Business owners turned to second charge mortgages to raise capital as Omicron continues to disrupt UK industry, according to Knowledge Bank.
The criteria tracker found brokers looking for ‘capital raising for business purposes’ in December was the fourth most searched term, some of which the firm attributes to the Covid-19 variant.
It says: “While some of these searches may be connected to the disruption caused by staff having to isolate, there will be others using second charge mortgages for positive reasons, such as to make improvements or renovations to offices.
“With the shift to working from home prevalent across industries, some businesses are reassessing their office needs and re-organising spaces to maximise efficiency.”
The tracker adds that the third most searched second charge mortgage term last month was ‘capital raising for debt consolidation’, which “provides further evidence that some individuals have struggled financially due to the disruption caused by the pandemic”.
The tracker says that while age-related searches are common for residential products, maximum age is rarely searched a factor in the buy-to-let market.
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But adds that December marked the first ever month in which ‘maximum age at end of term’ featured as the fifth most-searched term in the buy-to-let market.
It says: “With the stock market still relatively volatile and house prices continuing to rise, some older investors may be looking to the buy-to-let market as an integral part of their retirement planning.”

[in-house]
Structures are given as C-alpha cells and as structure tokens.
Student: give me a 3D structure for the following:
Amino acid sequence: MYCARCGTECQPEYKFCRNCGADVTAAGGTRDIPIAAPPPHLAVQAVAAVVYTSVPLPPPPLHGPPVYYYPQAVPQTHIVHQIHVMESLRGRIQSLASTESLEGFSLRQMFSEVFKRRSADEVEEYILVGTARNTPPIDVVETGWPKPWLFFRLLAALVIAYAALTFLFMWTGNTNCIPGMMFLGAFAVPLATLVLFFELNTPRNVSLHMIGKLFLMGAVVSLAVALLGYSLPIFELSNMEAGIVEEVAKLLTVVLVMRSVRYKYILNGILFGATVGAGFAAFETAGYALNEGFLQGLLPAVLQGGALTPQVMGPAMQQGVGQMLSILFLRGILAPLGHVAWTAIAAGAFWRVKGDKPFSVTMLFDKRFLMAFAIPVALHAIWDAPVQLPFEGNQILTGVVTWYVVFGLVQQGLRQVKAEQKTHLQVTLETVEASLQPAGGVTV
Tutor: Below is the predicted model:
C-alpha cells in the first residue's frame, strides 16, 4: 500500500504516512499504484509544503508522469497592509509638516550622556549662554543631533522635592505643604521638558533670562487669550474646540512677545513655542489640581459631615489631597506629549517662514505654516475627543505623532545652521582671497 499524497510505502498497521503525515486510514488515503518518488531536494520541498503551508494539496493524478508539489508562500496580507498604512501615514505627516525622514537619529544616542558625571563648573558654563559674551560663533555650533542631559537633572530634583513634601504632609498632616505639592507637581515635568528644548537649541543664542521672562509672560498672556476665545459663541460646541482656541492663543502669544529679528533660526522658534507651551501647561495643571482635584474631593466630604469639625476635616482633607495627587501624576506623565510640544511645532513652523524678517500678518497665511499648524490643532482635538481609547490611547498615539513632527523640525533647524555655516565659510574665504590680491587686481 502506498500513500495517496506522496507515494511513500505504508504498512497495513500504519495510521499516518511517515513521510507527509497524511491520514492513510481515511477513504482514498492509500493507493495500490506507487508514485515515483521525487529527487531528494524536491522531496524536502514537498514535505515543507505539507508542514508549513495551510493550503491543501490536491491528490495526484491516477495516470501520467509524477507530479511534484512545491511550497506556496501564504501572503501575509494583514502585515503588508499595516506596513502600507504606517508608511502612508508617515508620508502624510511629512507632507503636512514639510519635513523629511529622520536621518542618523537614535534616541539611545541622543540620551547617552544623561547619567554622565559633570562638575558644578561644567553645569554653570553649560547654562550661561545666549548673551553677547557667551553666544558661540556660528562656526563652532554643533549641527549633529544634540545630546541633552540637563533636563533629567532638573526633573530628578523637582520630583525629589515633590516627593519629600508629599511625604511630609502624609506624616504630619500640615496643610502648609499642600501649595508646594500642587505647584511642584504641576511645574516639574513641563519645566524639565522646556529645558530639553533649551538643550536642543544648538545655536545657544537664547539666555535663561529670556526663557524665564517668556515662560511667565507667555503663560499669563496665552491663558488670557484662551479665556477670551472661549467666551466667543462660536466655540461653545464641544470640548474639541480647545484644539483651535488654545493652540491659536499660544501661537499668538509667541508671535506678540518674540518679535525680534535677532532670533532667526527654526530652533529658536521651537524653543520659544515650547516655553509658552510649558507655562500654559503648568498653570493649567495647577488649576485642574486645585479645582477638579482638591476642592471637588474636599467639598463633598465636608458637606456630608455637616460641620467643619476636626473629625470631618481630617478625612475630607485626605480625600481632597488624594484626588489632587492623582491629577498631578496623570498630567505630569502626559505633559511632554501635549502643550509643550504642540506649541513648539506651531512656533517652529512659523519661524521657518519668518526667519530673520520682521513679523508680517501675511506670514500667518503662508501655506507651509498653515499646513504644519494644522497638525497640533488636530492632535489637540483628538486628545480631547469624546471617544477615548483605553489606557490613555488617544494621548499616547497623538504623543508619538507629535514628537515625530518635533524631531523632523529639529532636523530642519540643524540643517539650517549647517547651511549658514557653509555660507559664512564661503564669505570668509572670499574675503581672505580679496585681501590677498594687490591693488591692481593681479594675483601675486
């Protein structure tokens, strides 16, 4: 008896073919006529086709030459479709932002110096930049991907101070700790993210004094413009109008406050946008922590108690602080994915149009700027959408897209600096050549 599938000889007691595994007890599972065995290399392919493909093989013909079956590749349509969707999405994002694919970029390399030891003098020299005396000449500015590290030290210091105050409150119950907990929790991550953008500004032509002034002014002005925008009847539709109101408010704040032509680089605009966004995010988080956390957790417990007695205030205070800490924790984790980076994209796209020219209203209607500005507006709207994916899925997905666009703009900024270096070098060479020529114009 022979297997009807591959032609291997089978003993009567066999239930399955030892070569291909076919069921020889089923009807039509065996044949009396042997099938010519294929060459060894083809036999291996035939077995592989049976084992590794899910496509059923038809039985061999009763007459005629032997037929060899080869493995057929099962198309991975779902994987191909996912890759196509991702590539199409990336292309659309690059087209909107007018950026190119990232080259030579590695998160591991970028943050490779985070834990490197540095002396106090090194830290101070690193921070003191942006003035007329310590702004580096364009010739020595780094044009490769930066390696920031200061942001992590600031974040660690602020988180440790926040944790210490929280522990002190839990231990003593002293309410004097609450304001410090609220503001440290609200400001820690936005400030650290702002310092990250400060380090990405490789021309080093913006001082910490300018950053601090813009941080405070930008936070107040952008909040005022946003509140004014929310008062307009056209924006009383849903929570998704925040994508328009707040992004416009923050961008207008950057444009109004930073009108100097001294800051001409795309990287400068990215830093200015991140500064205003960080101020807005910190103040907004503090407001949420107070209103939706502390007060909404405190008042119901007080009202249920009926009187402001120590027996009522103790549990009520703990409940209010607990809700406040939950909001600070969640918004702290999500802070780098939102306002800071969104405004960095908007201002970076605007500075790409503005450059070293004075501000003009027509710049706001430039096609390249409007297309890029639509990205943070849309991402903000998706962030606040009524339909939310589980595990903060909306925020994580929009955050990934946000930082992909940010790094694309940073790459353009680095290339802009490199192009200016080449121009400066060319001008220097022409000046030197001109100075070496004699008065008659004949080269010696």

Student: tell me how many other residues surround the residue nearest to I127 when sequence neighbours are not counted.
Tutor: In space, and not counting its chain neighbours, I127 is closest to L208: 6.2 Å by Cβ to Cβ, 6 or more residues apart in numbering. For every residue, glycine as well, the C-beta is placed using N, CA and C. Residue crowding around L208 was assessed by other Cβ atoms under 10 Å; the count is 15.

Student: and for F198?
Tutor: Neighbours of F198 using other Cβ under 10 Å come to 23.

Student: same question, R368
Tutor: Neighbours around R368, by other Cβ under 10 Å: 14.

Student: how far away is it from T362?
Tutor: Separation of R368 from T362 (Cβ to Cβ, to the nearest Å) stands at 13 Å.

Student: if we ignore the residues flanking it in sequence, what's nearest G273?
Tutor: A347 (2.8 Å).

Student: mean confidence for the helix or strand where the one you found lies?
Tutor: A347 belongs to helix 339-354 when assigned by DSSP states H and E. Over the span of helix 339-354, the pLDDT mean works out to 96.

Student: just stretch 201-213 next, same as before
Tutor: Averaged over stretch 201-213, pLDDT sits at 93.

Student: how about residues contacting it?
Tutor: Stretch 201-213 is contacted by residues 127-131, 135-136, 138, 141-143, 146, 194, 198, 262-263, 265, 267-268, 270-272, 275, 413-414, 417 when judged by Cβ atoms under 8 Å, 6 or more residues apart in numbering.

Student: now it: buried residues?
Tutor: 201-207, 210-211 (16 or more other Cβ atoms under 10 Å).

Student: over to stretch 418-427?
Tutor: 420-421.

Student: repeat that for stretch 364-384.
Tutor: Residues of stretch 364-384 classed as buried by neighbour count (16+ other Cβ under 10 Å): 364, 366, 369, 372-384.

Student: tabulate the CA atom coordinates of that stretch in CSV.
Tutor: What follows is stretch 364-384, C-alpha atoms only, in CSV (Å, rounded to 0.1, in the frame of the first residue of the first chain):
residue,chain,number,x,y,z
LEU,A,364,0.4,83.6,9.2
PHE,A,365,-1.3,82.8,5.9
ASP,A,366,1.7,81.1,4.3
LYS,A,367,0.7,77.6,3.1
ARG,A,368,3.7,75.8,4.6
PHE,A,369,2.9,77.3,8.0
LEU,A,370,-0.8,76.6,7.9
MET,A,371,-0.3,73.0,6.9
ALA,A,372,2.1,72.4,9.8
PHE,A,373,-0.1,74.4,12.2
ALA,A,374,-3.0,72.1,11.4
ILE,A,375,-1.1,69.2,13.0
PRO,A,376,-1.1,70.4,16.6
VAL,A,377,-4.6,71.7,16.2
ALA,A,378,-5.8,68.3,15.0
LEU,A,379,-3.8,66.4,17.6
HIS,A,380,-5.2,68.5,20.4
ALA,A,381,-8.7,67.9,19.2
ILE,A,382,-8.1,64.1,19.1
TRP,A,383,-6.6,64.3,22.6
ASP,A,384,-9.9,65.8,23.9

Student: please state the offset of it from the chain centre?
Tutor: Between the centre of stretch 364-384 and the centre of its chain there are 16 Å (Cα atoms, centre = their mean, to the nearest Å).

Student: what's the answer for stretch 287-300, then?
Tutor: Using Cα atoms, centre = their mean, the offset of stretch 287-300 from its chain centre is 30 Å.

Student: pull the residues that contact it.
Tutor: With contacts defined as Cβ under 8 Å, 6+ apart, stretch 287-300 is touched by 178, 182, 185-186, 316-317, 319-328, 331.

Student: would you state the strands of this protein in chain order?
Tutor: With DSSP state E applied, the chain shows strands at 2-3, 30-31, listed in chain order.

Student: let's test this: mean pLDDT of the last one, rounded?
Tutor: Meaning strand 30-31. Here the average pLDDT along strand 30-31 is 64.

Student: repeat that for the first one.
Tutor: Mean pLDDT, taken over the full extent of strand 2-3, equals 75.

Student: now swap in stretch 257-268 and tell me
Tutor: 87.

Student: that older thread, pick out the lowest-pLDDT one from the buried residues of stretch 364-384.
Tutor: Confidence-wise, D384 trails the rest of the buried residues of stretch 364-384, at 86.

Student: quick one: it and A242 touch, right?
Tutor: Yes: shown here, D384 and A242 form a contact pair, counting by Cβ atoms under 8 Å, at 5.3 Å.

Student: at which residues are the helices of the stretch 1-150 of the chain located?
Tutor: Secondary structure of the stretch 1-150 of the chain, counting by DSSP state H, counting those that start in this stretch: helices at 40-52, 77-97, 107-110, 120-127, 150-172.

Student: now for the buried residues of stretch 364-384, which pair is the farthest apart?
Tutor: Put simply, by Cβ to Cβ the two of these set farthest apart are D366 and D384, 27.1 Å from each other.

In the residential sector, broker search activity remained relatively stable from November.
The tracker says that with house prices rising, the terms ‘maximum age at end of term’ and ‘income multiple used for affordability assessment’ were the first and second most searched terms in the residential market, respectively.
The firm says there was interest in equity release products.
It says: “This perhaps was sparked by the second reading of the Leasehold Reform (ground rent) Bill in the House of Commons which took place on 29 November last year. The bill is set to put an end to ground rents for new and qualifying long residential leasehold properties.”
Brokers looking for ‘leasehold remaining at end of mortgage’ and ‘leasehold remaining at beginning of term’ were the second and third most search equity release terms last month, respectively.
The tracker adds that some of the borrowers looking to use equity release may be looking to use the funds to undertake fire safety measures, such as removal of cladding and expensive waking watch, fire safety systems.
Earlier this week, Secretary of State for Levelling Up, Housing and Communities Michael Gove said leaseholders in buildings higher than 11 metres will no longer have to contribute to replacing dangerous cladding.
He gave building firms until March to agree on how to fund this work, and warned legislation compelling them to do so may follow if a plan was not worked out.
By Roger Baird
Source: Mortgage Finance Gazette
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